Some suggestions for a new logo. I’ve gone with Liberal red ‹ just for badness. I’m also using dandelions instead of pitcher plants because, let’s face it, that’s the real official flower. Seriously, is the third one that far-fetched?
Do we still live in Newfoundland and Labrador?
I fired off an email to the premier’s office and a spokesperson confirmed what I already knew.
This is, indeed, Newfoundland and Labrador.
It may seem obvious to some, but there’s been some confusion of late. By “of late” I mean since 2006, when the madcap crew at Target Marketing decided there was no place for even so much as an ampersand in the new provincial logo.
We’re all used to the thing by now — the groovy blue font and the cartoonish pitcher plants. It’s clever enough, and looks quite inviting on tourism brochures and such. It could be the emblem for a florist, perhaps, or a daycare.
But there’s no “and” — and that’s the problem.
Someone asked me the other day if the name of the province was now “Newfoundland Labrador.” It was an innocent enough question, and thoroughly understandable. The logo says as much. Not only that, but some government agencies have followed the lead.
Is it Newfoundland and Labrador Housing Corp., or Newfoundland Labrador Housing?
On the website, visitors are welcomed to “Newfoundland Labrador Housing,” but then told on another page that “Newfoundland and Labrador Housing Corp. is the housing arm of the provincial government.”
What the …?
We still buy our booze from the Newfoundland and Labrador Liquor Corp., right? Well, yes, unless you look at the main web page, where there’s not an “and” to be found.
Seems the trend now is “and” optional. We’ve developed a bad case of deconjunctivitis, and I’m not talking about pink eye.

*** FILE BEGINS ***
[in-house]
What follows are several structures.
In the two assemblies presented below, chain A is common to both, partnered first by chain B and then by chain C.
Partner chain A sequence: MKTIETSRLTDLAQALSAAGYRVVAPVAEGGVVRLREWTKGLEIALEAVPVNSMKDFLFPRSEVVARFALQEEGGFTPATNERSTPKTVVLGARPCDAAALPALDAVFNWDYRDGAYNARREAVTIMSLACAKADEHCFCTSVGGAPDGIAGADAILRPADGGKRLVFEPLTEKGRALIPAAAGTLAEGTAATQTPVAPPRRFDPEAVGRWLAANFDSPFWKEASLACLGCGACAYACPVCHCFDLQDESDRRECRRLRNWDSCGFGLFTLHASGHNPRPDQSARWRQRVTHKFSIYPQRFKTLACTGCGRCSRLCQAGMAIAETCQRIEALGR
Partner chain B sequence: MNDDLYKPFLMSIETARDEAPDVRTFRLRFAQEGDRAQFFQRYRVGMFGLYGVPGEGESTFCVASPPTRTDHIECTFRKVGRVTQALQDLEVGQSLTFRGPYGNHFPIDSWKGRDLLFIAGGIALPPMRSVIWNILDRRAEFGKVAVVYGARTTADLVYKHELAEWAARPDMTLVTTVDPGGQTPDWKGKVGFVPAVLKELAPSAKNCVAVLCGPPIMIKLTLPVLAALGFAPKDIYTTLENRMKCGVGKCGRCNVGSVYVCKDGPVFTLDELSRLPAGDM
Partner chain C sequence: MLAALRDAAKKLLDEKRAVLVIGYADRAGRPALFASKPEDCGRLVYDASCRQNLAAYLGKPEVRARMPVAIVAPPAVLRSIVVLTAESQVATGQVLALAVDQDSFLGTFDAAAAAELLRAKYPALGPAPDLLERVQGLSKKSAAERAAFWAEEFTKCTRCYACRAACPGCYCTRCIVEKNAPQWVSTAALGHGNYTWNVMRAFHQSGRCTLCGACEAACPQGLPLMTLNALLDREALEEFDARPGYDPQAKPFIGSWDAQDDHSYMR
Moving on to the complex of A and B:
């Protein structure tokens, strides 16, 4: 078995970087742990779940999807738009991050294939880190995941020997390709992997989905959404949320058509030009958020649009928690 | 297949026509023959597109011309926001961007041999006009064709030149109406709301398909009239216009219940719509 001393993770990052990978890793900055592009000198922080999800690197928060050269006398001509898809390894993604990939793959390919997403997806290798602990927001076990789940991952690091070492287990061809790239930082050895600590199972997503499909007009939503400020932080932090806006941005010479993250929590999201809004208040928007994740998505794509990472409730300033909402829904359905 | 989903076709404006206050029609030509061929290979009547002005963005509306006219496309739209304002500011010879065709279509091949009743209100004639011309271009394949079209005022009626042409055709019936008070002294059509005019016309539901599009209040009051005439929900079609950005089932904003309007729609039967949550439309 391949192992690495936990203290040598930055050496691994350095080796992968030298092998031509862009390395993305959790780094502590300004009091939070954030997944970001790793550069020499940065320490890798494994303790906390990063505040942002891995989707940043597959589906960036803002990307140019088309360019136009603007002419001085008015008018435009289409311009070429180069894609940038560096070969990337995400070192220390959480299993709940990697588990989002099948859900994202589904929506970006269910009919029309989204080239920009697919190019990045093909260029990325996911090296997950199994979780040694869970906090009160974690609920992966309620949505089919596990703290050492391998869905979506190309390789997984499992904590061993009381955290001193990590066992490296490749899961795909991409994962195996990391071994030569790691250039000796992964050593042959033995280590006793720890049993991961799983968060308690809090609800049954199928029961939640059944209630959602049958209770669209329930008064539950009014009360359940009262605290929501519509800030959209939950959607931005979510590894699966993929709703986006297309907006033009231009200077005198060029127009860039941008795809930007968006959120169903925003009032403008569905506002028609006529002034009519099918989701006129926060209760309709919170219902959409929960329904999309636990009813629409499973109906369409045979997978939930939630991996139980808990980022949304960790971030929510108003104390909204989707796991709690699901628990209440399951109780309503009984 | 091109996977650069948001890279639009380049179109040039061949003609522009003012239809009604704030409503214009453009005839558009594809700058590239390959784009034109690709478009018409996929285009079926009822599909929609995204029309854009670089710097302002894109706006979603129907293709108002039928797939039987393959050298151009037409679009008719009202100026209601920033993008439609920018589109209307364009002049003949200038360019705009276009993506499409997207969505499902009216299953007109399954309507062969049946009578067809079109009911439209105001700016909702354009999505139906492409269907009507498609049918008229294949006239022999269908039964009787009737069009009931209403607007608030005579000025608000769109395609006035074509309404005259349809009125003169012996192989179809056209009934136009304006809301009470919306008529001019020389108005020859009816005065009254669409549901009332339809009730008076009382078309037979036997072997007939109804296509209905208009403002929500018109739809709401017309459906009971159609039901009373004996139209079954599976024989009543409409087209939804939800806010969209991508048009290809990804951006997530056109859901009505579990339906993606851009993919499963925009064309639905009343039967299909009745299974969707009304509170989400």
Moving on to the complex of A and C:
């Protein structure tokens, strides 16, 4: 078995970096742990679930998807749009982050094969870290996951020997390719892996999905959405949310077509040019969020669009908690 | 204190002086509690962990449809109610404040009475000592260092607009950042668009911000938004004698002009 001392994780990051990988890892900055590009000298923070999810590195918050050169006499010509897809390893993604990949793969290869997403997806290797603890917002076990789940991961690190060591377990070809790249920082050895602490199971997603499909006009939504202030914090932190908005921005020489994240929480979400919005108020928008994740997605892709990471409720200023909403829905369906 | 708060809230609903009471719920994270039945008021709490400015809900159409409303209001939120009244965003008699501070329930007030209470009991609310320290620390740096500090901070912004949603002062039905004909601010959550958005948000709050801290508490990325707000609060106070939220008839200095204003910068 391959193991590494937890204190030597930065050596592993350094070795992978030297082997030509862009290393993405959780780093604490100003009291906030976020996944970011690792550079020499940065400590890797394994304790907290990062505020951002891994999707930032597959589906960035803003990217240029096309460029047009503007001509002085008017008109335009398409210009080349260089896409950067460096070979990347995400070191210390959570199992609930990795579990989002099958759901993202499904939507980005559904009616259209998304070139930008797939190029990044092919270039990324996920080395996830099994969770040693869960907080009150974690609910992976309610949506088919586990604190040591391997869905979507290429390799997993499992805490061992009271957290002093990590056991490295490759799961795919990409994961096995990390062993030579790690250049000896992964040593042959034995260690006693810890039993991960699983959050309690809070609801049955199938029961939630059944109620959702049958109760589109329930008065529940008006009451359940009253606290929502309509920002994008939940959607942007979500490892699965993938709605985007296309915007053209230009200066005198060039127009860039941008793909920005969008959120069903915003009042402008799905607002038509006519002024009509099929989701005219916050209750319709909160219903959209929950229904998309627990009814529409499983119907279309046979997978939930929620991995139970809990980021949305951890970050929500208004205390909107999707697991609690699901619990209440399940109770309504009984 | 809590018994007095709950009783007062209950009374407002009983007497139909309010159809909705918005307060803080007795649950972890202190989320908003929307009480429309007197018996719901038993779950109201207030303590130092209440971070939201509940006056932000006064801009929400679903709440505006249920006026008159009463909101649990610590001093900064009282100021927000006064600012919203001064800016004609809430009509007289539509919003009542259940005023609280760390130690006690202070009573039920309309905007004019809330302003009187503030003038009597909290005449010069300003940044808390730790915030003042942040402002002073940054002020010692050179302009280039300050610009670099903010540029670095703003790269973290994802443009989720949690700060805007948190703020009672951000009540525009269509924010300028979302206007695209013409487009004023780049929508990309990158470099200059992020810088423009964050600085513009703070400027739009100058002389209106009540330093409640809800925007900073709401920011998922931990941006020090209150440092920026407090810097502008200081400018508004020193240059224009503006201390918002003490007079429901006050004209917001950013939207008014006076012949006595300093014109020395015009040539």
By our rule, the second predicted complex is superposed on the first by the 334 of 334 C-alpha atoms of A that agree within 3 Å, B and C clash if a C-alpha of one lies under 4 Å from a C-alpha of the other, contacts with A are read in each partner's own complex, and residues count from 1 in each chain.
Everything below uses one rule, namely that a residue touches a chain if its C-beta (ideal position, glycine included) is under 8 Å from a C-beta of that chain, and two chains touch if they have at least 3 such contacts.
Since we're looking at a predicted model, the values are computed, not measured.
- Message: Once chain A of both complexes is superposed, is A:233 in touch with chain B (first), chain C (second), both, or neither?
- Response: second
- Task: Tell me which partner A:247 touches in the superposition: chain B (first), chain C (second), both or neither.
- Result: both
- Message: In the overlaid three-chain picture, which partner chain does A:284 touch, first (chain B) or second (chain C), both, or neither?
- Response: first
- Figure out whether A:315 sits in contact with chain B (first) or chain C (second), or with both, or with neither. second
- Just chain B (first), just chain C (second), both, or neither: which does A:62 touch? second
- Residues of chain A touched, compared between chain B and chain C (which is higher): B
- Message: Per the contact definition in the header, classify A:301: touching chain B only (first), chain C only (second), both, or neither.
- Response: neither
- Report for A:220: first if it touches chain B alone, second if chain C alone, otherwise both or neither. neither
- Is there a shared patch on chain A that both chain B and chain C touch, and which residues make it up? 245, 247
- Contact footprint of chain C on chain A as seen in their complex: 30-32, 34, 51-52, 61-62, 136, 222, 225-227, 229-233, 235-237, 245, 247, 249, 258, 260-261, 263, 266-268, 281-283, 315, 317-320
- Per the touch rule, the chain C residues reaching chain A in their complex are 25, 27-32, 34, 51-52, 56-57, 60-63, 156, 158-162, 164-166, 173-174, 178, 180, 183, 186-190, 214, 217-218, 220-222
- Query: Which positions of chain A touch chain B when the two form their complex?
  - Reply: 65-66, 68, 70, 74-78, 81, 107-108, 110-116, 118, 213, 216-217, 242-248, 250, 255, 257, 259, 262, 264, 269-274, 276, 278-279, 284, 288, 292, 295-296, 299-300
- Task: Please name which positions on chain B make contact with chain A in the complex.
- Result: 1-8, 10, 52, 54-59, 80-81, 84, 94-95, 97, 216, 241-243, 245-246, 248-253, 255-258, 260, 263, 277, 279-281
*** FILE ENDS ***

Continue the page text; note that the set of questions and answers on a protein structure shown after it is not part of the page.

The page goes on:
The history of the provincial nomenclature is already tangly enough. It’s taken the older crowd a long time to accept the addition of “Labrador” to the name. It’s been convention for a couple of decades at least, but only became official in 2001.
Previously, the province was simply “Newfoundland.” Labrador was implied. Not just implied, but integrally included. Otherwise, the custom was always to say “the Island of Newfoundland.” (Older folks still insist on capitalizing “Island.”)
Nonetheless, the marginalization of Labrador — both perceived and real — gave rise to the double-barreled moniker.
In documents from the 1927 Privy Council decision on the Labrador boundary, Labrador is referred to as a peninsula. Thus, the pivotal question became, “Over what portion, if any, of the Labrador Peninsula did Newfoundland (in previous legislation) acquire any rights?”
Not only that, but I’m told Labrador was occasionally referred to as “Newfoundland Labrador” to distinguish it from the peninsula as a whole. How’s that for coming full circle? Now we’re marginalizing the island!
Here’s a thought: let’s put the “and” back in the name. Let’s stop this slow creep into and-less confusion. The meter is all wrong, anyway. “Newfoundland Labrador” sounds like “Anything you can do …” Taunting triplets. Is that any rhythm for a proud, determined province?
It’s Newfoundland and Labrador.
Say it again.
Peter Jackson is The Telegram’s commentary editor. He can be contacted by email at email@example.com.